Bio

Honors & Awards


  • Soros Fellow, Paul & Daisy Soros Fellowships for New Americans (2011)
  • NIH Academy Fellow, National Institutes of Health (2005-2007)
  • American Chemical Society Scholar, American Chemical Society (2003)
  • McNair Scholar, McNair Scholars Program (2003)
  • Slayton Evans Research Award, American Chemical Society (2003)

Education & Certifications


  • Bachelor of Arts, Pomona College, Chemistry (2005)

Service, Volunteer and Community Work


  • Free Medical Clinic Health Care Provider, Samaritan House Clinic

    Volunteer in free medical clinic to provide general medical services to low-income families in the San Mateo County.

    Location

    Redwood City, CA

Research & Scholarship

Research Projects


  • A Systematic Review of Acceptance of Telehealth for Hypertension Management: Developing Framework for Interventions in Underserved Populations (Scholarly Concentration Project)

    A systematic literature review was performed to identify variables affecting telehealth acceptance among underserved patients with hypertension. The electronic databases searched for relevant publications on telehealth and hypertension management included: Medline and Scopus. The search returned 91 articles and 27 were retained for detailed review to assess eligibility for the study. Three articles met the selection criteria to be included in this review study. The Unified Theory of Acceptance and Use of Technology (UTAUT) was used to synthesize and analyze the studies. 1,2 A total of 13 different variables related to patient acceptance were identified in the studies--10 variables regarding performance expectancy, 3 regarding effort expectancy, and none regarding social influence and facilitating conditions. Existing literature focused largely on performance expectancy variables. None of the studies evaluated patients’ perceptions of social influence or facilitating conditions. Based on this review, an English and Spanish questionnaire based on the UTAUT model was developed to assess patient acceptance of telehealth interventions in underserved communities. Future research on these variables will aid in the development, implementation, and evaluation of telehealth applications for preventive health education and management of chronic diseases such as hypertension.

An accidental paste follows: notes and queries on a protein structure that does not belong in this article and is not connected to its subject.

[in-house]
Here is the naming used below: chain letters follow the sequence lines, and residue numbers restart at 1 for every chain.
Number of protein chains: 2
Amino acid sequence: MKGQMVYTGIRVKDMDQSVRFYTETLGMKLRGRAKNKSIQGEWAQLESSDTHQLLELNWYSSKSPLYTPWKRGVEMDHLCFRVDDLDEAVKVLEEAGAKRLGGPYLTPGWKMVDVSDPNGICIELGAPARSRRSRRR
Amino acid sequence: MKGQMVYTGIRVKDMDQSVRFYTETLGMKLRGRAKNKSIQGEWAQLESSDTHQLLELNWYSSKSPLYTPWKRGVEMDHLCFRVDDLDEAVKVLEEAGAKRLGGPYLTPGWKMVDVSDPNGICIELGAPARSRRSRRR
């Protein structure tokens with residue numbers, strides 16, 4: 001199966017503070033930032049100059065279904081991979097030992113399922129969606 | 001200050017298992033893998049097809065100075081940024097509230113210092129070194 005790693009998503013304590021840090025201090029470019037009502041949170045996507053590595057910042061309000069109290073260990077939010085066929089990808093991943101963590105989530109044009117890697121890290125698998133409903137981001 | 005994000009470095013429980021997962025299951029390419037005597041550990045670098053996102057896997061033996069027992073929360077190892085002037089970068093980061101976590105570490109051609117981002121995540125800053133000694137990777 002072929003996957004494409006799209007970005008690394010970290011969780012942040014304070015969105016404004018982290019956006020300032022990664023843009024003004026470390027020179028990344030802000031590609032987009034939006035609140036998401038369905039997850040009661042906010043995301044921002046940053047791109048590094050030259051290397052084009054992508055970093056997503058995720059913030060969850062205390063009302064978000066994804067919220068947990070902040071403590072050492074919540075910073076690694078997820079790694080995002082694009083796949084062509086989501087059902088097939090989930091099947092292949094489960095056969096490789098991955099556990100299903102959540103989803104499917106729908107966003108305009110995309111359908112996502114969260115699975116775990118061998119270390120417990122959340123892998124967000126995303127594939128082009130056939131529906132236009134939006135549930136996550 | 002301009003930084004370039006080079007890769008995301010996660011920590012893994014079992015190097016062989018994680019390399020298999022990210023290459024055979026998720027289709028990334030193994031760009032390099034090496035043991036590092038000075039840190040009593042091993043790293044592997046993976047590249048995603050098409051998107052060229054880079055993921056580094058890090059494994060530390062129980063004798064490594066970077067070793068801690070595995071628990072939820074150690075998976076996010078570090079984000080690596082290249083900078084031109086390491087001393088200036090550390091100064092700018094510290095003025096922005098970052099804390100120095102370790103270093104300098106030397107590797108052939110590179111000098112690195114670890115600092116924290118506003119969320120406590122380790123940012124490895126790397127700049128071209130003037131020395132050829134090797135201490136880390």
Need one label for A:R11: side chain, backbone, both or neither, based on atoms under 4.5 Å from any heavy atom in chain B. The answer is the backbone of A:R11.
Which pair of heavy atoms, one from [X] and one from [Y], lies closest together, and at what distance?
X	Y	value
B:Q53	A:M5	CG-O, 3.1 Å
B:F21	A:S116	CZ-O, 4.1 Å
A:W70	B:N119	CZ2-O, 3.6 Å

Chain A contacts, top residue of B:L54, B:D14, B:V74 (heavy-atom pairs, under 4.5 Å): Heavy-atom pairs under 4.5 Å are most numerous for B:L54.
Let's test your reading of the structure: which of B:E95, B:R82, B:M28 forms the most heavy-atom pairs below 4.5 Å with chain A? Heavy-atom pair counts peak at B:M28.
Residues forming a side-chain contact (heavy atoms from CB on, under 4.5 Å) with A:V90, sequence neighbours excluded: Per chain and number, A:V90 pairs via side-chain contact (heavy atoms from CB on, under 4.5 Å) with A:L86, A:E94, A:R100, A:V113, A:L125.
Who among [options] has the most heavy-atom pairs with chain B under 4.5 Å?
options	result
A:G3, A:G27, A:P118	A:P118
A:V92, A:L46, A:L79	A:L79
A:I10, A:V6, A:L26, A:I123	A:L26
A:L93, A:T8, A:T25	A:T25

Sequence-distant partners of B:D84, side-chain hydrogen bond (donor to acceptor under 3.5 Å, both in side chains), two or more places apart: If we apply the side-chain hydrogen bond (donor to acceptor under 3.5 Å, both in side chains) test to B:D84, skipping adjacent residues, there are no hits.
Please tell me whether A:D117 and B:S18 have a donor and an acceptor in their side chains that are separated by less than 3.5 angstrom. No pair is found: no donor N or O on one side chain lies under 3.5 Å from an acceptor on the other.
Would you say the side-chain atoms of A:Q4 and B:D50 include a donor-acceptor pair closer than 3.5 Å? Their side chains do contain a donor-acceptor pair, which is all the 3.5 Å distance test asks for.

Location

    Stanford, CA

    Organization

    Stanford Medical School

  • Penetrance and clinical consequences of a gross SDHB deletion in a large family

    Conducted translational research on Pheochromocytoma under the guidance of Karel Pacak, MD, PhD. Designed and published a research study of the clinical phenotype of patients with rare deletions of the succinate dehydrogenase subunit B (SDHB) gene

    Time Period

    2005 - 2007

    Location

    Bethesda, Maryland

    Organization

    National Institutes of Health

  • Using SIMPLE NMR to isotopically perturb intermolecular hydrogen bonding equilibria

    Designed a research project with the guidance of Associate Professor of Chemistry Dr. Daniel J. O’Leary to study intermolecular hydrogen bonding in complex natural products such as cancer fighting Epoxyquinol A, using SIMPLE NMR to isotopically perturb intermolecular hydrogen bonding equilibria. Also synthesized model 1,5 1,6 diols to further explore SIMPLE NMR results.

    Time Period

    2003 - 2005

    Location

    Claremont, CA

    Organization

    Pomona College, Claremont

Professional

Work Experience


  • Research Associate at National Institutes of Health Research, National Institutes of Health (8/31/2005 - 6/21/2007)

    Conducted translational research on Pheochromocytoma under the guidance of Karel Pacak, MD, PhD. Designed and published a research study of the clinical phenotype of patients with rare deletions of the succinate dehydrogenase subunit B (SDHB) gene. Conducted basic science research projects studying the molecular basis of metastatic pheochromocytoma.

    Location

    Bethesda, Maryland

  • UC, Riverside Medical and Health Careers Program Assistant, University of California, Riverside (7/1/2007 - April 1, 2009)

    Provided program technical and administrative support. Advised students interested in medical and health careers. Participated in outreach and recruitment activities.

    Location

    Riverside, CA

  • Research Associate at National Institutes of Health in Spain (Instituto de Salud, Carlos III), National Institutes of Health in Spain (Instituto de Salud, Carlos III). (2004)

    Carried out a public health research project while studying abroad, dealing with the burden of disease in Spain, under the guidance of the director of the Masters program in International Health at the Institute’s school of public health.

    Location

    Madrid, Spain

  • Research Assistant Organic Chemistry Lab, Pomona College, Claremont (2003 - 2005)